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Dr. Henry Morgentaler was named a member of the Order of Canada on July 1. ((J.P. Moczulski/Canadian Press))

Ontario Premier Dalton McGuinty said Tuesday he supports the decision to award abortion crusader Dr. Henry Morgentaler with the Order of Canada.

McGuinty, himself a Catholic, appears to be the first premier to address the issue publicly. His stance opposes that of Prime Minister Stephen Harper, who has said he would have preferred to have seen the award bestowed on someone who unifies Canadians.

"I know that Dr. Morgentaler's been seen as a controversial figure, but I believe in a woman's right to make a very difficult decision," McGuinty said.

"And if she makes that difficult decision and chooses to have an abortion, I want her to be able to do that in a way that's safe, in a way that's publicly funded. So I know it's divisive, but I think it's important."

Gov. Gen. Michaëlle Jean named Morgentaler as a member of the order on July 1 for his services to women and for leadership in the fields of humanism and civil liberties. The controversial appointment was made on the advice of the independent Order of Canada selection committee.

McGuinty's comments came the same day an Ontario Catholic organization returned an Order of Canada medal to the Governor General to protest the decision to give Morgentaler the honour.

Order 'devalued'

Members of the Madonna House took the medal, along with a letter of explanation, to Rideau Hall, the Governor General's official residence in Ottawa.

The medal had been awarded to the organization's late founder in 1976.

"It is only after much prayer and consultation with our community, as well as with heavy hearts, that we are undertaking this action," Rev. David May, one of the Madonna House directors, said in a news release.

Catherine Doherty, who died at the age of 89 in 1985, was named a member the Order of Canada for "a lifetime of devoted services to the underprivileged of many nationalities, both in Canada and abroad," according to the Governor General's website.

She and her husband started Madonna House in 1947 in Combermere, about 180 kilometres west of Ottawa. The organization now counts 200 members and operates soup kitchens and retreats in seven countries around the world. All involved have taken vows of poverty, chastity and obedience.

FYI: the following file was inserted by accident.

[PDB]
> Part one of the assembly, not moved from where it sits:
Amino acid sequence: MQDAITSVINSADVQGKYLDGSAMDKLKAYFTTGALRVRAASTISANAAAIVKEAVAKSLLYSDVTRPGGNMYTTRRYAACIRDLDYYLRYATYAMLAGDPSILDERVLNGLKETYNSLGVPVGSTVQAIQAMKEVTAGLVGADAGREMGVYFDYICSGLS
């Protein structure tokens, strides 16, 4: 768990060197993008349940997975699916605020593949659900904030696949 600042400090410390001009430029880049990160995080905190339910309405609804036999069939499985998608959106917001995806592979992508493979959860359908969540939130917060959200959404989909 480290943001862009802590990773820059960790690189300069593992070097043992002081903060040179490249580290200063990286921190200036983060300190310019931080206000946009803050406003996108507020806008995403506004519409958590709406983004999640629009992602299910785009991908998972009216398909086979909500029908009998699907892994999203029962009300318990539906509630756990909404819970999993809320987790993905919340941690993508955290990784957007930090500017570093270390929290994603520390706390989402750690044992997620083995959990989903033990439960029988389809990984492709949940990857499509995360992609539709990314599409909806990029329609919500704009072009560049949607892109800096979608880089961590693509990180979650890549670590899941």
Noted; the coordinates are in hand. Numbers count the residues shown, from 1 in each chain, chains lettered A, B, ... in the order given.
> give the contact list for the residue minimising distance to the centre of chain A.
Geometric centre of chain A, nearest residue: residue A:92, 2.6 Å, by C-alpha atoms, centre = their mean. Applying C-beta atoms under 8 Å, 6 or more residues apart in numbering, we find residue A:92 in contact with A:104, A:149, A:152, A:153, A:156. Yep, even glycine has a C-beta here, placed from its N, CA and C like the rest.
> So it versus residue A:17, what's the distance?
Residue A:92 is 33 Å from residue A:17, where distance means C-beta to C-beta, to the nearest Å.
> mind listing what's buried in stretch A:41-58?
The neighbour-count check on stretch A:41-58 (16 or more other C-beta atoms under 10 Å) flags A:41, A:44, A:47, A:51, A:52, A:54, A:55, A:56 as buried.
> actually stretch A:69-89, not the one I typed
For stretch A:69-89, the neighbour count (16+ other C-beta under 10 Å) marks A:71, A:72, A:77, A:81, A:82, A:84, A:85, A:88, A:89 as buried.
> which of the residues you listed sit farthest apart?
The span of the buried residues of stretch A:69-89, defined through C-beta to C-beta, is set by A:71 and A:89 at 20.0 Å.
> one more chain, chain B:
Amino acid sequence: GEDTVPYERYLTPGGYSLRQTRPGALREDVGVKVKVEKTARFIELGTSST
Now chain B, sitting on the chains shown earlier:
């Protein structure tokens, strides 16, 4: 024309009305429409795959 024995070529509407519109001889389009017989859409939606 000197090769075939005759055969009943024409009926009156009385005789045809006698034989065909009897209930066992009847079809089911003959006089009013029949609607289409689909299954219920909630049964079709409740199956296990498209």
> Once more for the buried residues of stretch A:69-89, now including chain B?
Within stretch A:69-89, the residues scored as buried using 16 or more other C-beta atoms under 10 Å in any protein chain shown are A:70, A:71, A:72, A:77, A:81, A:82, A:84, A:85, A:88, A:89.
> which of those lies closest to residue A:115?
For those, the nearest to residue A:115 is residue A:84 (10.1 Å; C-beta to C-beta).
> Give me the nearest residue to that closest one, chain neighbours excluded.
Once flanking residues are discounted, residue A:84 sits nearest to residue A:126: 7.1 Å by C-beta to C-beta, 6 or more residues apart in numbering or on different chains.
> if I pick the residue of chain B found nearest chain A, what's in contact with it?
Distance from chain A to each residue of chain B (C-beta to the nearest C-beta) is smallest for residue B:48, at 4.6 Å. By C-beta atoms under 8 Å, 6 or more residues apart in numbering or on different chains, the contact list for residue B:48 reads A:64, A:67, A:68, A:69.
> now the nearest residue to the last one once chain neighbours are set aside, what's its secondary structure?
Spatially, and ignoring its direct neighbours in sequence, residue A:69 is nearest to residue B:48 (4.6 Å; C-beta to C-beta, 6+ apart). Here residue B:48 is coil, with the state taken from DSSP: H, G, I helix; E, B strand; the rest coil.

May said he believes Doherty would support the organization's decision to return her award.

"The order has been devalued in recent days, and we are confident that Catherine is spiritually present with us, affirming this gesture of love for our country and for the values which alone can sustain it. Without absolute respect for the gift of life, no society can survive," he said.

Madonna House's decision to return the award came five days after Rev. Lucien Larré, a B.C. priest, returned his Order of Canada medal to protest Morgentaler's appointment.

Morgentaler fought to legalize abortion

Morgentaler, a Polish Holocaust survivor who immigrated to Montreal after the Second World War, struggled for decades to have abortion legalized in Canada.

He opened his first illegal abortion clinic in Montreal in 1969 and performed thousands of procedures.

A family physician, Morgentaler argued that access to abortion was a basic human right and women should not have to risk death at the hands of an untrained professional in order to end their pregnancies.

His abortion clinics were constantly raided, and one in Toronto was firebombed. Morgentaler was arrested several times and spent months in jail as he fought his case at all court levels in Canada.

On Jan. 28, 1988, the Supreme Court of Canada struck down Canada's abortion law. That law, which required a woman who wanted an abortion to appeal to a three-doctor hospital abortion committee, was declared unconstitutional.

Canada now has no federal laws governing abortion, and leaves regulation of the procedure up to individual provinces.

With files from the Canadian Press